A Data-Infused Methodology for Estimating Swelling Potential in Shales Exposed to Various Completion Fluids

Formation damage in reservoirs poses a recurring challenge throughout the phases of drilling, completion, and production, significantly impeding efficiency and diminishing resource extraction in oil and gas development. This detrimentally affects production capacity, leading to potential reservoir shutdowns and hindering the timely discovery and development of oil and gas fields. The water-based drilling fluids are mixed with various swelling inhibitors; nevertheless, shale swelling could still take place during the completion phase as these fluids do not usually consider this phenomenon. To quantify the swelling inhibition potential of drilling/completion fluids, several laboratory experiments are usually carried out. These experiments are costly, time-consuming, and tedious. This study used machine learning technique to predict the dynamic linear swelling of shale wafers treated with different types of completion fluids containing varying inorganic salts such as NaBr, CaBr2, and NH4Q.
A comprehensive experimental investigation was conducted to gather datasets suitable for training machine learning model based on various completion fluid constituents. The study involved utilizing a dynamic linear swell meter to quantify swelling inhibition potentials, assessing sodium bentonite clay wafers' responses to all completion fluid solutions through linear swell tests lasting 24 to 48 hours. Additionally, the study measured zeta potential and conductivities across solutions with different concentrations. Leveraging sequential data and memory cell architectures, the research developed an LSTM (Long Short-Term Memory) machine learning model aimed at predicting and comprehending swelling behaviors within specific contexts. This model was trained using input parameters such as zeta potential, salt conductivity, salt concentrations, density, and elapsed time, while the model output represented dynamic linear swelling in percentage.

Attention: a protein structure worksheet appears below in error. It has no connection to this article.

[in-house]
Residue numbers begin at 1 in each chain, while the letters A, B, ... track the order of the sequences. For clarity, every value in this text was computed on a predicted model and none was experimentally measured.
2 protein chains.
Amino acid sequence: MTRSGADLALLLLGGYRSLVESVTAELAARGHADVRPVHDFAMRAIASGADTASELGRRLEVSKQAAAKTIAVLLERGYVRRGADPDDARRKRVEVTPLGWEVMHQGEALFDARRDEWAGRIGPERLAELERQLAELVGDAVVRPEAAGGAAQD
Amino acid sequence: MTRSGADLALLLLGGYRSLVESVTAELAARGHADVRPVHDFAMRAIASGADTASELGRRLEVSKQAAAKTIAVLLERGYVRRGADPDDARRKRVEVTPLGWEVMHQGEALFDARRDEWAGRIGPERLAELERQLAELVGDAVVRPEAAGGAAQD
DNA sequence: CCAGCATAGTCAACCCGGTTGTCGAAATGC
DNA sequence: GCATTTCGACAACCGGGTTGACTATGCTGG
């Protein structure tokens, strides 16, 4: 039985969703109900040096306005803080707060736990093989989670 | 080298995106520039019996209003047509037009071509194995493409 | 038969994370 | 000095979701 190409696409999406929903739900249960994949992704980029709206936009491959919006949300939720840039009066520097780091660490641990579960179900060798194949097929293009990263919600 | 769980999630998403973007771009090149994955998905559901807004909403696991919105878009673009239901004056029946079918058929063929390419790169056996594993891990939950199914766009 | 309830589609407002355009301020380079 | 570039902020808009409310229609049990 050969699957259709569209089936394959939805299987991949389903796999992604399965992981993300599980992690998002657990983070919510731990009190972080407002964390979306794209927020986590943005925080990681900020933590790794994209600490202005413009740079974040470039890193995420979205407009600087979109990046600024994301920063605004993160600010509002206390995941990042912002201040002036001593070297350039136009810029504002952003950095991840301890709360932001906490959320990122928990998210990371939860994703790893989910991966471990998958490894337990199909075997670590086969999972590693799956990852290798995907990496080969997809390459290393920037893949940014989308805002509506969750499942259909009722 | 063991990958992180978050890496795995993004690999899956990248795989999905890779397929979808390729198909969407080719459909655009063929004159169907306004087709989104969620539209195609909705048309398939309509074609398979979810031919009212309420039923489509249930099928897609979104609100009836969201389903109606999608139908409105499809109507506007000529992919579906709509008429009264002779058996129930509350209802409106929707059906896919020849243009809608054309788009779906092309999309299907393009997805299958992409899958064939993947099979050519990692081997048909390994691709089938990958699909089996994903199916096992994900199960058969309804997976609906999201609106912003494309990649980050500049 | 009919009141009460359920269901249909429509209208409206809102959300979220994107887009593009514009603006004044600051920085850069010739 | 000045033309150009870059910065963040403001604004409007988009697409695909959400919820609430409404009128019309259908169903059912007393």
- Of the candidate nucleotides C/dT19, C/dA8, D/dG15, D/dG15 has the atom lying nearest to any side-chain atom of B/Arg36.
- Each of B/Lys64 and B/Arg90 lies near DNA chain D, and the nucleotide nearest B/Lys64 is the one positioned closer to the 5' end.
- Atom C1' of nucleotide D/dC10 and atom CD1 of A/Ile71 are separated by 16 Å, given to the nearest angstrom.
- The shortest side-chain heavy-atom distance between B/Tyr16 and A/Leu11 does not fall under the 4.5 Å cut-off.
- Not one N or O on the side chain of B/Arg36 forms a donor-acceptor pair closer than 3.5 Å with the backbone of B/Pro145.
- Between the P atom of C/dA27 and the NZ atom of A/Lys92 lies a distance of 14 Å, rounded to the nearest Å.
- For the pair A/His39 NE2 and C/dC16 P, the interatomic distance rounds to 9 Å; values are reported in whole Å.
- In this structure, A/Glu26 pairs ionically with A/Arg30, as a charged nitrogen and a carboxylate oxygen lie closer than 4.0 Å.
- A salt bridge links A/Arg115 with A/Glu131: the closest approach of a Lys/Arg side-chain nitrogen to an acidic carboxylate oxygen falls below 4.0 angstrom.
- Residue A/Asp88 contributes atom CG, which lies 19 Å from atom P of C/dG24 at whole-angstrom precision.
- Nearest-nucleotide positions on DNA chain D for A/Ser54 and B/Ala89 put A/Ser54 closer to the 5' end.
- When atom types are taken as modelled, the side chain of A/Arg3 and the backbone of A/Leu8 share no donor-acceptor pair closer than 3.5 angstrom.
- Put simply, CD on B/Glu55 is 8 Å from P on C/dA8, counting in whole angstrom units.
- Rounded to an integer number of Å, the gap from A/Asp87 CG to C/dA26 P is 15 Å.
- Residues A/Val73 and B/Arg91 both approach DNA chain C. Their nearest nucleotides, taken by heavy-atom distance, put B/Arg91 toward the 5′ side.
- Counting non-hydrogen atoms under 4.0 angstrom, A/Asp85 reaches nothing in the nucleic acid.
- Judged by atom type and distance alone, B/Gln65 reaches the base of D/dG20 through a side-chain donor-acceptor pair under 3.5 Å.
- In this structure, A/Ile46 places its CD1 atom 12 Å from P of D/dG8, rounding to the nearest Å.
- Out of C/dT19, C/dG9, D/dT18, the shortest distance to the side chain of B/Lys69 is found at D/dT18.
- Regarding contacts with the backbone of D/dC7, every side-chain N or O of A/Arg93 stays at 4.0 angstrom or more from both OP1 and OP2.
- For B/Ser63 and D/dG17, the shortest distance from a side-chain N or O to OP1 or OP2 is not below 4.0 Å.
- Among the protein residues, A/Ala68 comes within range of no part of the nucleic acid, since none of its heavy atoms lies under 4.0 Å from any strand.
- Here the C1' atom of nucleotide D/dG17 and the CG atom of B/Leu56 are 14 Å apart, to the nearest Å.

This intelligent technique can be used to guide and streamline laboratory experiments to determine dynamic linear swelling of shales. It can serve as a quick tool to guide fluid engineers at the rig site to delineate shale swelling reasons pre-, post-, and during completion operations. Consequently, operators will be better prepared to deal with unknown swelling issues that lead to NPT in operations.

The authors extend their gratitude to SLB. KFUPM (King Fahd University of Petroleum and Minerals), KAUST (King Abdullah University of Science and Technology), and Halliburton for their invaluable support, enabling the publication of this work.


Conference/Event Name
International Petroleum Technology Conference


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